Long-term follow-up after maxillary distraction osteogenesis in growing children with cleft lip and palate

Chiung Shing Huang, Pandurangan Harikrishnan, Yu Fang Liao, Ellen W C Ko, Eric J W Liou, Philip K T Chen

Research output: Contribution to journalArticlepeer-review

40 Citations (Scopus)


Objective: To evaluate the changes in maxillary position after maxillary distraction osteogenesis in six growing children with cleft lip and palate. Design: Retrospective, longitudinal study on maxillary changes at A point, anterior nasal spine, posterior nasal spine, central incisor, and first molar. Setting: The University Hospital Craniofacial Center. Main Outcome Measure: Cephalometric radiographs were used to measure the maxillary position immediately after distraction, at 6 months, and more than 1 year after distraction. Results: After maxillary distraction with a rigid external distraction device, the maxilla (A point) on average moved forward 9.7 mm and downward 3.5 mm immediately after distraction, moved backward 0.9 mm and upward 2.0 mm after 6 months postoperatively, and then moved further backward 2.3 mm and downward 6.8 mm after more than 1 year from the predistraction position. Conclusion: In most cases, maxilla moved forward at distraction and started to move backward until 1 year after distraction, but remained forward, as compared with predistraction position. Maxilla also moved downward during distraction and upward in 6 months, but started descending in 1 year. There also was no further forward growth of the maxilla after distraction in growing children with clefts.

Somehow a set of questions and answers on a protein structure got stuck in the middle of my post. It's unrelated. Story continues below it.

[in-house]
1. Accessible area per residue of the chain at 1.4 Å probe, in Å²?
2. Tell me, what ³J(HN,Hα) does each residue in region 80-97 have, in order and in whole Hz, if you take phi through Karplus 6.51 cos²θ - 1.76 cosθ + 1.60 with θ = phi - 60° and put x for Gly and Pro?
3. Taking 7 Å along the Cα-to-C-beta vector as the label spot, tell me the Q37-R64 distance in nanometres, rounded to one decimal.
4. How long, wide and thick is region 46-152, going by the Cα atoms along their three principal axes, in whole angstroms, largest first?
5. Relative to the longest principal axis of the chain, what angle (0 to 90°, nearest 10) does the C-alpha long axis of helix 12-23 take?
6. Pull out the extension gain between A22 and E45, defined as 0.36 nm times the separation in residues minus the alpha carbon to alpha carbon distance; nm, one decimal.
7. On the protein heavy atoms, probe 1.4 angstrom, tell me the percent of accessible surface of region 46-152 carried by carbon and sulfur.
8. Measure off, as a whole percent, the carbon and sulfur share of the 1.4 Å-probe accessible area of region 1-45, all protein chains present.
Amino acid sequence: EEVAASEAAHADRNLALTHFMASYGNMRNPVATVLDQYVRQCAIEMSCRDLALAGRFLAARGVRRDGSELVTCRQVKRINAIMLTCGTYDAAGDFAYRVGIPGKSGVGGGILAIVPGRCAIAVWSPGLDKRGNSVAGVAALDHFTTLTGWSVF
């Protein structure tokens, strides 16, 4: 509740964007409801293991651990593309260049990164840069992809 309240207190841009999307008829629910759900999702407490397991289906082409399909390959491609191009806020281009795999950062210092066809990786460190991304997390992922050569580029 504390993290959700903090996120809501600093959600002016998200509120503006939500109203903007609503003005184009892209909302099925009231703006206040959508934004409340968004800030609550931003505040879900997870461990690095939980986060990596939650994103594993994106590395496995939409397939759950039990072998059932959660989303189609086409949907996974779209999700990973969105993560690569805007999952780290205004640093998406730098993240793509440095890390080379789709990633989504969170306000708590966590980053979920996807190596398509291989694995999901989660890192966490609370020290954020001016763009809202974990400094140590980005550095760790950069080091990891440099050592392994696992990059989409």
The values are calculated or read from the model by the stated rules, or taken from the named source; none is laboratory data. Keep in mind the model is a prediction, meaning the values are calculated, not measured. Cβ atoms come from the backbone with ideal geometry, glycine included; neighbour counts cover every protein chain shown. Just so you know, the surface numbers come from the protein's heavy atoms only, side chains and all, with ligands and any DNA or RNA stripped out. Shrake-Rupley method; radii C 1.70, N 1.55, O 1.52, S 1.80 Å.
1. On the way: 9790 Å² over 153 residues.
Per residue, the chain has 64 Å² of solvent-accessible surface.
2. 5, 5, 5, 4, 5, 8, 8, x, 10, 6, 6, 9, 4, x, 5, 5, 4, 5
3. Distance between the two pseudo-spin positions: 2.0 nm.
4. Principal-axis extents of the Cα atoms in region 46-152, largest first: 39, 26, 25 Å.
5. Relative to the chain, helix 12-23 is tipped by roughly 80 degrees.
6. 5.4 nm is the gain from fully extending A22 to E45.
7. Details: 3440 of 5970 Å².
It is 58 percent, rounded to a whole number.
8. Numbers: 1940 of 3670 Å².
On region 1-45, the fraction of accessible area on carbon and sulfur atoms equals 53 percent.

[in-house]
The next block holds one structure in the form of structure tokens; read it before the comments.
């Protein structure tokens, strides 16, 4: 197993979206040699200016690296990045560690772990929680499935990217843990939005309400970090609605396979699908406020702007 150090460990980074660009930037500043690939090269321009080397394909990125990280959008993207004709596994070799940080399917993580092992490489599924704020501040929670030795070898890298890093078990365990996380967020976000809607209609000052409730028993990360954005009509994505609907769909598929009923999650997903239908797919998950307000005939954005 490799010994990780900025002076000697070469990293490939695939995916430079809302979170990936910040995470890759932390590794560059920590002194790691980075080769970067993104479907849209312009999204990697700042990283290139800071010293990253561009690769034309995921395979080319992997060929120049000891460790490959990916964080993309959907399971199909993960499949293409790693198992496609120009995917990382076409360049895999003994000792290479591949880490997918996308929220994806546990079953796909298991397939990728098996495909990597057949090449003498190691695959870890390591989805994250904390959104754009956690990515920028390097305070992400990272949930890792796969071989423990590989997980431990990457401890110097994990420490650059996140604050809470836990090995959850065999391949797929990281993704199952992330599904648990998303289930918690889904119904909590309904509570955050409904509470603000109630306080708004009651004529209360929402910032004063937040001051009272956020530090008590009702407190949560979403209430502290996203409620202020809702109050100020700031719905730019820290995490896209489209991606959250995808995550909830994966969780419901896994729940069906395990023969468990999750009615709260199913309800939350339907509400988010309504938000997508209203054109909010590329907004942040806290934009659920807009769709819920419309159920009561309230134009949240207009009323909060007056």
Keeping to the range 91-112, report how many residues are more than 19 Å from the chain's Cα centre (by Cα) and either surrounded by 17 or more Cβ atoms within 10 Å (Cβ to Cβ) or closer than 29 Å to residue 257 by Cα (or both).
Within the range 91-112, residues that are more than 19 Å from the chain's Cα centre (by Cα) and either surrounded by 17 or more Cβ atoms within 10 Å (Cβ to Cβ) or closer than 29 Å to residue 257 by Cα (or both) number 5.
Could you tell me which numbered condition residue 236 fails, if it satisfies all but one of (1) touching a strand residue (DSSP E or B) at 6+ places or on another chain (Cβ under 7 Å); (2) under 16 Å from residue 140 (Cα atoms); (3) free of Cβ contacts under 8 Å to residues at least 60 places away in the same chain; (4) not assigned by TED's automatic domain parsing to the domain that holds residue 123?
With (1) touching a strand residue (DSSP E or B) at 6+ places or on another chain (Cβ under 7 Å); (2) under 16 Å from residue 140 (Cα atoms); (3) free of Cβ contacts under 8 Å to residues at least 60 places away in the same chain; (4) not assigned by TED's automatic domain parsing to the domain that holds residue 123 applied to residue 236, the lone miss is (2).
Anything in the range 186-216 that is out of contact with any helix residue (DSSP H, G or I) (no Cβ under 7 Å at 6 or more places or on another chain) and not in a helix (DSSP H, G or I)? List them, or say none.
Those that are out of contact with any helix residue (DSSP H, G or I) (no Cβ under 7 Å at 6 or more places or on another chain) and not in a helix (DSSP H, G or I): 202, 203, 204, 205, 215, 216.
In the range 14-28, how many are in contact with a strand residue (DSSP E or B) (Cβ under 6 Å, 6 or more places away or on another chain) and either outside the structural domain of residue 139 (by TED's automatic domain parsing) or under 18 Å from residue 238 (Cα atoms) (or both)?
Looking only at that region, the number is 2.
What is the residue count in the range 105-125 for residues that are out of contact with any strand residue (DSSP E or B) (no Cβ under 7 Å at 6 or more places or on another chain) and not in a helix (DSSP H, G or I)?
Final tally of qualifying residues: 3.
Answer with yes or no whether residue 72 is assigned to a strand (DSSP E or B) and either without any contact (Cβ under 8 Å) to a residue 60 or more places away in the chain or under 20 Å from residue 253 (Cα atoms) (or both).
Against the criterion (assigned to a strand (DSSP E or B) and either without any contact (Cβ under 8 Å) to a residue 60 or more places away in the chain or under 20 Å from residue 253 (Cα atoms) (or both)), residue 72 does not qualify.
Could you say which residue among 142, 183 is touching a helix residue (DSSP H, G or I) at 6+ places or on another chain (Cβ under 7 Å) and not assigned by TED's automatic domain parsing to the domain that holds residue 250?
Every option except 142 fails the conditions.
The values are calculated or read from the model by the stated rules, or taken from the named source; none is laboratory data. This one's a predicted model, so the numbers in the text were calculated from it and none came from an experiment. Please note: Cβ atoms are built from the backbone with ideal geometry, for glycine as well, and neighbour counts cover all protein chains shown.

Original languageEnglish
Pages (from-to)274-277
Number of pages4
JournalCleft Palate-Craniofacial Journal
Issue number3
Publication statusPublished - May 1 2007
Externally publishedYes


  • Cephalometry
  • Cleft lip and palate
  • Distraction osteogenesis
  • Growth
  • Maxilla

ASJC Scopus subject areas

  • Surgery
  • Dentistry(all)


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